The Ebbing Tide Of Personal Responsibility

“Private Pyle, if there is one thing in this world that I hate, it is an unlocked footlocker!!  You know that, don’t you?  If it wasn’t for dickheads like you, there wouldn’t be any thievery in this world, would there?”

            —R. Lee Ermey as Gunnery Sergeant Hartman in Full Metal Jacket

Last week it was reported that New York City public schools were loosening their disciplinary code to eliminate suspensions for, among other things, cutting class, cussing, and smoking.  According to Chancellor Dennis Walcott:

“[W]e don’t just push students out of the classroom where they’re not learning as well . . . [o]ur goal is also to make sure if counseling is appropriate we put counseling in place for them and not just suspend.

“Education law specialist” Nelson Mar echoed the sentiment:

“Often times when children are removed for disciplinary measures it has a negative impact on education, so they have a greater likelihood of failing their classes and also a greater likelihood of them dropping out.

And an unnamed parent also agreed, saying:

“Often kids acting out need more support, not less.  I think guidance would help the student thrive in school more.”

The idea, as best I can tell, is we don’t want to suspend the student, because doing so risks alienating the kid from school, thus compounding the problem.  Better to talk to them, tassel their hair, and give them a hug than to mete out punishment.


This is tells you a lot of what’s wrong and getting worse in this country.  We’re so worried about not hurting children’s feelings that we’re failing to teach the basic life skills necessary to function in a free society: self-discipline, self-control, and personal responsibility.  Not that these things are necessarily the primary responsibility of the public schools—these things really should be being taught at home.  But the NYC school situation is indicative of a larger problem.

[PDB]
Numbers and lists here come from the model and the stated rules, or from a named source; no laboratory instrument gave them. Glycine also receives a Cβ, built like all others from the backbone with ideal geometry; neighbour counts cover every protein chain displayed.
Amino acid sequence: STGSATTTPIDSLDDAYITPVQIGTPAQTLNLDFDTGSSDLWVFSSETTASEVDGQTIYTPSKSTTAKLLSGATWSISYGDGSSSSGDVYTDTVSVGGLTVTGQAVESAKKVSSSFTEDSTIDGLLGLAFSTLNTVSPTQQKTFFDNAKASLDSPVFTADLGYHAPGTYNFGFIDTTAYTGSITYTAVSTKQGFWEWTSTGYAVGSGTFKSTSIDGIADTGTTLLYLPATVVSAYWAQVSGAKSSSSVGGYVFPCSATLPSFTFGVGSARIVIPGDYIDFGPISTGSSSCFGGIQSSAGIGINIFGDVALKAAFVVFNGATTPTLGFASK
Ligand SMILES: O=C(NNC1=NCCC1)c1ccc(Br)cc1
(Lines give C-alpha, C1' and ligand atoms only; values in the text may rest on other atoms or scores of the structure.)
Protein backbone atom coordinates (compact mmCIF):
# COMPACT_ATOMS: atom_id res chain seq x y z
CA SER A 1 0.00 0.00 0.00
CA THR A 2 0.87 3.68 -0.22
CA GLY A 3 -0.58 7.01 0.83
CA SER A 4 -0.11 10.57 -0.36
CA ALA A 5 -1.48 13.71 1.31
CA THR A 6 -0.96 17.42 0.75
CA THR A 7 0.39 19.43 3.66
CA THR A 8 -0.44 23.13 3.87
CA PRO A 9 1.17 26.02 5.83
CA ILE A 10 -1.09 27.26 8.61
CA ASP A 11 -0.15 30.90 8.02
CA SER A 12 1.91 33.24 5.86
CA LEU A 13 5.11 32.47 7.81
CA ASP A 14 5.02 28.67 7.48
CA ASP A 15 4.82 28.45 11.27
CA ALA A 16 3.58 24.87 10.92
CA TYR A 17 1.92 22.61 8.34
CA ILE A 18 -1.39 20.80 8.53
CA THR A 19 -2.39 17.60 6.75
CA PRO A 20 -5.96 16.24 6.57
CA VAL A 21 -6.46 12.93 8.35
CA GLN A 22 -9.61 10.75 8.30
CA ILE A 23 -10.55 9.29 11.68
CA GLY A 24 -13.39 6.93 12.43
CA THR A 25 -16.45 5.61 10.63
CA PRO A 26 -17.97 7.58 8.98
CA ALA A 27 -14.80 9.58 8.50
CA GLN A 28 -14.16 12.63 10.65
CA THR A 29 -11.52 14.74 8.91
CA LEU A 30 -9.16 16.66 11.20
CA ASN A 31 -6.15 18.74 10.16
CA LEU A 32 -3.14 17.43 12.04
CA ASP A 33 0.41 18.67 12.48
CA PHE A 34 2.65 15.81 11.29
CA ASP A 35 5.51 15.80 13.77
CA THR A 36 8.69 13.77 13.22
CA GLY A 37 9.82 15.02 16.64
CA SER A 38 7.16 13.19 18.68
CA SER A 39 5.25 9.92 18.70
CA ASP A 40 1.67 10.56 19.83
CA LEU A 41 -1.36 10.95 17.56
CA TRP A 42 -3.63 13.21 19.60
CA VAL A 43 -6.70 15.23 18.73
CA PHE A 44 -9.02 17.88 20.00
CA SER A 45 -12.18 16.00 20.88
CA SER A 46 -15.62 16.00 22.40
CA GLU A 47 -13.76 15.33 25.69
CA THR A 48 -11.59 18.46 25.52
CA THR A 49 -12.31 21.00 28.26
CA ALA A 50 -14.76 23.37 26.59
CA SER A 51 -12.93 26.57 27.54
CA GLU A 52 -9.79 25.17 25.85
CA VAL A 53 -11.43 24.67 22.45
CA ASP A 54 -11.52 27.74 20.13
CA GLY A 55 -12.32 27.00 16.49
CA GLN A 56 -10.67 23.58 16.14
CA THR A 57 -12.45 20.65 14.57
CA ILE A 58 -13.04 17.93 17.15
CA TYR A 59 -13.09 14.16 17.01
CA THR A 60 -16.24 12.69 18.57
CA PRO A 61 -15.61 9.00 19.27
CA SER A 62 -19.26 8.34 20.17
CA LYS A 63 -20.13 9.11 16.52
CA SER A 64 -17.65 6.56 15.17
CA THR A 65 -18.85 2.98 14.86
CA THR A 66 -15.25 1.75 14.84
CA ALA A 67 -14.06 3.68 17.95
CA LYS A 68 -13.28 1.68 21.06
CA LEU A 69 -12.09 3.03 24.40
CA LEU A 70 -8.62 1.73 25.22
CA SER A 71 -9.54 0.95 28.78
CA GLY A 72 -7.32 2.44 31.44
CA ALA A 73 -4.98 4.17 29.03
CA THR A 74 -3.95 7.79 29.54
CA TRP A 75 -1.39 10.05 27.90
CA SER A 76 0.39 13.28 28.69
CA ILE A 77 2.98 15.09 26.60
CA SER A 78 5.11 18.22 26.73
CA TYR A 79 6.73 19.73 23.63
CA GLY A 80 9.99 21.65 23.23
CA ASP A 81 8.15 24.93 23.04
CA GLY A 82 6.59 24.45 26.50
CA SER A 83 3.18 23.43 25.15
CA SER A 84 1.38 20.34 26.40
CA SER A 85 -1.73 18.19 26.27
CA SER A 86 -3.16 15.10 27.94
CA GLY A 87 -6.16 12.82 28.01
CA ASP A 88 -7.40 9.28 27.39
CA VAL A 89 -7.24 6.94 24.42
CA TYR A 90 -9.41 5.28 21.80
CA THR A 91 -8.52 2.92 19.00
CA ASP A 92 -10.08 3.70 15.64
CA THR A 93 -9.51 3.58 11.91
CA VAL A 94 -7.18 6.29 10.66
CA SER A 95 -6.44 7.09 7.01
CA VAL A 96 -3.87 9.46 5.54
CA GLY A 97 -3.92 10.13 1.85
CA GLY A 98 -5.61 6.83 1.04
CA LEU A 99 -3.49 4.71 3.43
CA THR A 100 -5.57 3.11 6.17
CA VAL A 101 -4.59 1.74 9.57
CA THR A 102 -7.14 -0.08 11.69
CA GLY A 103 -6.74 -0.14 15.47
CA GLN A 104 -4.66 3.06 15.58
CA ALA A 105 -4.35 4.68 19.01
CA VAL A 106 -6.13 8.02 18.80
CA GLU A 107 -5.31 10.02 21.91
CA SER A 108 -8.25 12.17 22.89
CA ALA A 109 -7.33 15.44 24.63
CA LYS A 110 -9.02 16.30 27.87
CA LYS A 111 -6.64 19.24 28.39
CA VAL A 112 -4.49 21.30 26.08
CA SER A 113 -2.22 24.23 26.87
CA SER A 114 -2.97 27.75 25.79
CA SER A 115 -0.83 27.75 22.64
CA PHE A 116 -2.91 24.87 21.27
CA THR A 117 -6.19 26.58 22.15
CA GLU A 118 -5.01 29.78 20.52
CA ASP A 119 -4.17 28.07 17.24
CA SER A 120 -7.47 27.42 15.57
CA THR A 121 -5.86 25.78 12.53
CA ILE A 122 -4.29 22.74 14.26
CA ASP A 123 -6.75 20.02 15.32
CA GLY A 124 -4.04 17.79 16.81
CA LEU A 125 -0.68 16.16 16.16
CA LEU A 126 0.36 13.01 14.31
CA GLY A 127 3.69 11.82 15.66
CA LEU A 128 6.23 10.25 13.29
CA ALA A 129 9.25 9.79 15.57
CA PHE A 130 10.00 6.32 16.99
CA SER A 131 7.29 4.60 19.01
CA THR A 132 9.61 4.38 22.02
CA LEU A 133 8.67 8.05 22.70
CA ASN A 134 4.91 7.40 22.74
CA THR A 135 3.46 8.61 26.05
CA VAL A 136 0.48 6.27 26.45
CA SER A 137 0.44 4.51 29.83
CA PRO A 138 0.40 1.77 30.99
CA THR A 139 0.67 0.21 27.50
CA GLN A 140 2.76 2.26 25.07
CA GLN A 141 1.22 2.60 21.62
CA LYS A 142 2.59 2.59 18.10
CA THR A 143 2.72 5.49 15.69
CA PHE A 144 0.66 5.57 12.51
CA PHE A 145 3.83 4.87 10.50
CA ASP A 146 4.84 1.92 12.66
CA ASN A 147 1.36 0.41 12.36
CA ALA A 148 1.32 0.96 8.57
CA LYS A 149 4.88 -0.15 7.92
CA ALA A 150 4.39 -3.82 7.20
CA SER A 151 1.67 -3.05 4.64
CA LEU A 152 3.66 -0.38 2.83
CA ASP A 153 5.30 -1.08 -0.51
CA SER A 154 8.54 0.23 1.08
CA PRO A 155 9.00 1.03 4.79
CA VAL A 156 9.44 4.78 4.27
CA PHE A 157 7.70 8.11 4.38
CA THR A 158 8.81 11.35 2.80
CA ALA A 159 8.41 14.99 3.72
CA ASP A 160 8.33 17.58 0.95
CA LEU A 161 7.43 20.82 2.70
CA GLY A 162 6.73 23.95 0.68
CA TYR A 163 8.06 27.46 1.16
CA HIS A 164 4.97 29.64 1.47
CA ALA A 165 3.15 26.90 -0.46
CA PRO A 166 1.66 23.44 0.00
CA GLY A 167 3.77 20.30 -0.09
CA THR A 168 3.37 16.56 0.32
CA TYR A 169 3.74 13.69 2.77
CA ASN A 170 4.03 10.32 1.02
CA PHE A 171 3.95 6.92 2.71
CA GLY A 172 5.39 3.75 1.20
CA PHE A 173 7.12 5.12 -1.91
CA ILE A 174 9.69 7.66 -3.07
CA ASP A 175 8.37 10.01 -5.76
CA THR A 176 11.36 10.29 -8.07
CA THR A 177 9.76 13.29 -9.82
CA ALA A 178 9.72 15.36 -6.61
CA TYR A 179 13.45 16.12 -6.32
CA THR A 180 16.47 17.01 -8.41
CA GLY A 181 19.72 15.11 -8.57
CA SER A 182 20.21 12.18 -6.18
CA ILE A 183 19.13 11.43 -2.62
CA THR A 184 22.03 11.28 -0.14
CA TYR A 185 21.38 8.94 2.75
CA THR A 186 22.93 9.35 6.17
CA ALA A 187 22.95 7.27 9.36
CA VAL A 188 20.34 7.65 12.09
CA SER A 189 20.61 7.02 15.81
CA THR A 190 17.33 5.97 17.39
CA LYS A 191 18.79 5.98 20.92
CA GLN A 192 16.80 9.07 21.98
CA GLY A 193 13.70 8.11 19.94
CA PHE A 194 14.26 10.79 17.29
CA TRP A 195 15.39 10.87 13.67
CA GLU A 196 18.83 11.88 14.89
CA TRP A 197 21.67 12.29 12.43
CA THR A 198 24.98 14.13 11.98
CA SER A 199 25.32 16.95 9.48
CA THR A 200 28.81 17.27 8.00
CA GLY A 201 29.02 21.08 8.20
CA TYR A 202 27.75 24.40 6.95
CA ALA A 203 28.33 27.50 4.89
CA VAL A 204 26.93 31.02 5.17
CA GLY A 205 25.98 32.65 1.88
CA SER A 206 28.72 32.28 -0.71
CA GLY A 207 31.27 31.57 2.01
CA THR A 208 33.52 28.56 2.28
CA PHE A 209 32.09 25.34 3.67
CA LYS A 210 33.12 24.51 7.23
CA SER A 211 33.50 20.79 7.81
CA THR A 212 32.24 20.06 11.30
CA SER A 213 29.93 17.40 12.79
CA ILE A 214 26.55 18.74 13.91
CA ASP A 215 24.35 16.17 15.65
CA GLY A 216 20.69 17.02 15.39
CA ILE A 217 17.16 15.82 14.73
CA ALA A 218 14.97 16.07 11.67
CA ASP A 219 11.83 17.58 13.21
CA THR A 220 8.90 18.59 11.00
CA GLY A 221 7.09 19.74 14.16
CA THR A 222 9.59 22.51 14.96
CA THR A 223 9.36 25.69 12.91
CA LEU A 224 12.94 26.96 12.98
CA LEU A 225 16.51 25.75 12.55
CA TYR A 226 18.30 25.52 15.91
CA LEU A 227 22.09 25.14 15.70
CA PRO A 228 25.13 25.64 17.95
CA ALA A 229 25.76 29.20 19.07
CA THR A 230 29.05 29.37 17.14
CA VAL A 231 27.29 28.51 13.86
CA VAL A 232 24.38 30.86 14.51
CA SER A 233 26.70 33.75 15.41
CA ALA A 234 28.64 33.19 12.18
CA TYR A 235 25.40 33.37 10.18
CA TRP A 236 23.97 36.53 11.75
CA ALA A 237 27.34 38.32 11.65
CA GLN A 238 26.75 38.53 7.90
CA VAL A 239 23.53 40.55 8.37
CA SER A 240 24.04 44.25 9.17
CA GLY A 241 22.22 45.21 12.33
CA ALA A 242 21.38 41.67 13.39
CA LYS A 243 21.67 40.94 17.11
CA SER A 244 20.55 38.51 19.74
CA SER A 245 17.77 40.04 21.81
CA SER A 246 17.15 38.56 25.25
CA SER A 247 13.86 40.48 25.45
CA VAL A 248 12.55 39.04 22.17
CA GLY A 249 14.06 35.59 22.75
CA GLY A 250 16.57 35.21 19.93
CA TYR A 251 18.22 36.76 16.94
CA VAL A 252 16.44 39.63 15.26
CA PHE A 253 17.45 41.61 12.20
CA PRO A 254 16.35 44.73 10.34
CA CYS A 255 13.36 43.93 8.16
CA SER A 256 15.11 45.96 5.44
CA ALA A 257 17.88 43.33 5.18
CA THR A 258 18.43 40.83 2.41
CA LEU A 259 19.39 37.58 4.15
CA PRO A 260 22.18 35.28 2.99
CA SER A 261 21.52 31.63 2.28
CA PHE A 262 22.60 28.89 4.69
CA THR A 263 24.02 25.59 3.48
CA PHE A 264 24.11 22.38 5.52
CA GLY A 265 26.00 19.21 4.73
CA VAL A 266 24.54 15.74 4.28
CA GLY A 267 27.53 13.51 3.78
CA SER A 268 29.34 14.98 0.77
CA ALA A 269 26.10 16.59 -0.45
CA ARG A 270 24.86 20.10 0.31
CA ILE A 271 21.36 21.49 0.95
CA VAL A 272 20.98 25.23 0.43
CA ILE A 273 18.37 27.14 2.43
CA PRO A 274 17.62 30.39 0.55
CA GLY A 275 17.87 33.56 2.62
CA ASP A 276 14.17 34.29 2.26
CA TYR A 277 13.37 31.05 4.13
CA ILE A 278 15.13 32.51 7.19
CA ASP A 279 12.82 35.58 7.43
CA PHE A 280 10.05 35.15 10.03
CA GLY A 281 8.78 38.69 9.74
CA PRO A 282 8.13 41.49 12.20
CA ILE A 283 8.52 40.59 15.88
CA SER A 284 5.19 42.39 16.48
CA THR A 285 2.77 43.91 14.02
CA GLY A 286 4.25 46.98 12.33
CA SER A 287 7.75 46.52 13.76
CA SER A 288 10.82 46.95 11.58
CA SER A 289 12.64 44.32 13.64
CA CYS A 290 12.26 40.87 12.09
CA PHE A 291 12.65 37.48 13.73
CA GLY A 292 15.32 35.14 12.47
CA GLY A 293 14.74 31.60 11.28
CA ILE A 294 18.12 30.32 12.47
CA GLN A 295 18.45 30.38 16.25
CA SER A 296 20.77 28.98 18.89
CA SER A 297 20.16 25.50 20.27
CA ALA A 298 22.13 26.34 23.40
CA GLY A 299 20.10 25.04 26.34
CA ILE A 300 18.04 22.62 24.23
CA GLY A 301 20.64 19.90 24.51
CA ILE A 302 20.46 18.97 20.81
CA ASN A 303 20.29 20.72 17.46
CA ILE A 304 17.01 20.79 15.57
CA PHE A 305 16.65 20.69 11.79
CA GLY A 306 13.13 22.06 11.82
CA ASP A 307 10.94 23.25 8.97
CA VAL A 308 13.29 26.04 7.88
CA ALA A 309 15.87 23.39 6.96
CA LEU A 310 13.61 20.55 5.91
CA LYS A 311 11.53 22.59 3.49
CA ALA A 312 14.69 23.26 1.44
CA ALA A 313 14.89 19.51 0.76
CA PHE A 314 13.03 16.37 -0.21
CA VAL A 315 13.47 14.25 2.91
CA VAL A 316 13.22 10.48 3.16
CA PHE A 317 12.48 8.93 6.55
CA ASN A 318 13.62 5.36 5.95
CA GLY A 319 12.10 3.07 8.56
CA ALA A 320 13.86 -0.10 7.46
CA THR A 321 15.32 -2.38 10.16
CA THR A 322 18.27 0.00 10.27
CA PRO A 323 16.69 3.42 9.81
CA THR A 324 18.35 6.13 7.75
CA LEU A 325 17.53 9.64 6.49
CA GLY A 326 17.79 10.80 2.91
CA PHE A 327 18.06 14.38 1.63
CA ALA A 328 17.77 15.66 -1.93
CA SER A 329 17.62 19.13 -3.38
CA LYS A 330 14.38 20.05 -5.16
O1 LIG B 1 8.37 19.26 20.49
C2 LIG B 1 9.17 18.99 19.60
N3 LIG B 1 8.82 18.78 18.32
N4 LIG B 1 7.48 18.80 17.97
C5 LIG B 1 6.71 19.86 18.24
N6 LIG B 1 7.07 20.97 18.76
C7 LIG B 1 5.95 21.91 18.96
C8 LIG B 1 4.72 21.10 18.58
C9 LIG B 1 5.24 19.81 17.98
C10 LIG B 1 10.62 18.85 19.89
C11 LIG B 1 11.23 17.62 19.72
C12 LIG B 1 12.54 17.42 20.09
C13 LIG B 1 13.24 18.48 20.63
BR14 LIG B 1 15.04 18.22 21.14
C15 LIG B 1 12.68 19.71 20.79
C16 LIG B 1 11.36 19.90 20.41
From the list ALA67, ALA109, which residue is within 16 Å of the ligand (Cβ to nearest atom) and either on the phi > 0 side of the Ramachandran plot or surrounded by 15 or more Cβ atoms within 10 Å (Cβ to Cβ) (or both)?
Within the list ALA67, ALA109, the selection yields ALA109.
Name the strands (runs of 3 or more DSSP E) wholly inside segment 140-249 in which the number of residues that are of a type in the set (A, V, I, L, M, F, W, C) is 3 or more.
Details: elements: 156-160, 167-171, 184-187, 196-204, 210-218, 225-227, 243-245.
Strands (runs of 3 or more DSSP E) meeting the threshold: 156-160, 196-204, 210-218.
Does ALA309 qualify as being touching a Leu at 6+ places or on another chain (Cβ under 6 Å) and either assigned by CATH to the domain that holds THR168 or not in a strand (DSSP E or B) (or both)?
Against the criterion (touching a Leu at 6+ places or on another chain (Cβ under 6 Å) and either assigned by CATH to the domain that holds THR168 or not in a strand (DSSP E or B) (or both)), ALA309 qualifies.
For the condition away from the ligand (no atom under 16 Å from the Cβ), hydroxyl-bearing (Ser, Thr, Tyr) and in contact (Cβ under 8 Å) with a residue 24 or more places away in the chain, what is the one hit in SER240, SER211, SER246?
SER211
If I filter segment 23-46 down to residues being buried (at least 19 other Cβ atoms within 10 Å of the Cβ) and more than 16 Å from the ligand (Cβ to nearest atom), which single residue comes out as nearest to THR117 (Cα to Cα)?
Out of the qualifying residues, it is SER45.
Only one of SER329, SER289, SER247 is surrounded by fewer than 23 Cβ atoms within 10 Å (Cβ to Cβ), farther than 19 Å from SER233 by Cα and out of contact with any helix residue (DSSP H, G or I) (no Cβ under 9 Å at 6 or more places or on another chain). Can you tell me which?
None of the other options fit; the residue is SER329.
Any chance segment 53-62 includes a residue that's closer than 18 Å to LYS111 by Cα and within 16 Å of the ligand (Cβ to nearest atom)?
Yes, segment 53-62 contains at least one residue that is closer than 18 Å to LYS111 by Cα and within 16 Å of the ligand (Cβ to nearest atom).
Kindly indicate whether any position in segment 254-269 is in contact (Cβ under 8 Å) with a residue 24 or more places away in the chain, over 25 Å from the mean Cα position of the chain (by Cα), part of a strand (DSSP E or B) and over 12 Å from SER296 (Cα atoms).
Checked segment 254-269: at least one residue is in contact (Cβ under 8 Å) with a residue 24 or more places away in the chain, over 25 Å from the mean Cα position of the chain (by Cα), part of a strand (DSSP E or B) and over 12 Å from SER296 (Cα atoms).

I think back to when I was a kid growing up in the 1970s.  The little league baseball organization in the small town I lived in gave a “sportsmanship” award to the players on the last place team every year.  In other words, in an effort to ensure that everyone got included and everyone got a prize, the league rewarded failure.

But at least we kept score.

There is a growing trend towards non-competitive no-scoring leagues for youth sports, where the games are played, but no score is kept, and at the end of play no one wins and no one loses (query whether they even count balls, strikes, and outs).  At least not officially.  The idea is to emphasize fun, sportsmanship, and learning the basics of the game, and I’m all for that for younger children to a point.  But at some point you have to recognize the perhaps unintended consequences of what you’re teaching, particularly when you understand that this is only one cog in a larger wheel.

A 2008 ABC News piece reported that an increasing number of American public schools were eliminating failing grades altogether, opting instead for do-over opportunities.  Grand Rapids Superintendent Bernard Taylor said that “If the choice is between letting kids fail and giving them another opportunity to succeed, I’m going to err on the side of opportunity.”  In Texas we actually had to enact a statute to prevent some school districts from instituting a “minimum grade” threshold of 50, 60, or—yes, this was seriously proposed—70 regardless of the student’s actual performance, and then had to go to court to defend it.  Of course, no small part of the motivation for this move is that the adults in charge—the administrators and teachers—are evaluated largely by the performance of the students.  Eliminating failure (or minimizing its magnitude) by decree gives the appearance of better performance, and thus better evaluations for the faculty, and that’s a whole lot easier than pushing the students to actually do the work to learn the material and pass.  Once again, we seem to miss what we’re teaching when in the interest of self-esteem we give 20 work a passing grade of 70.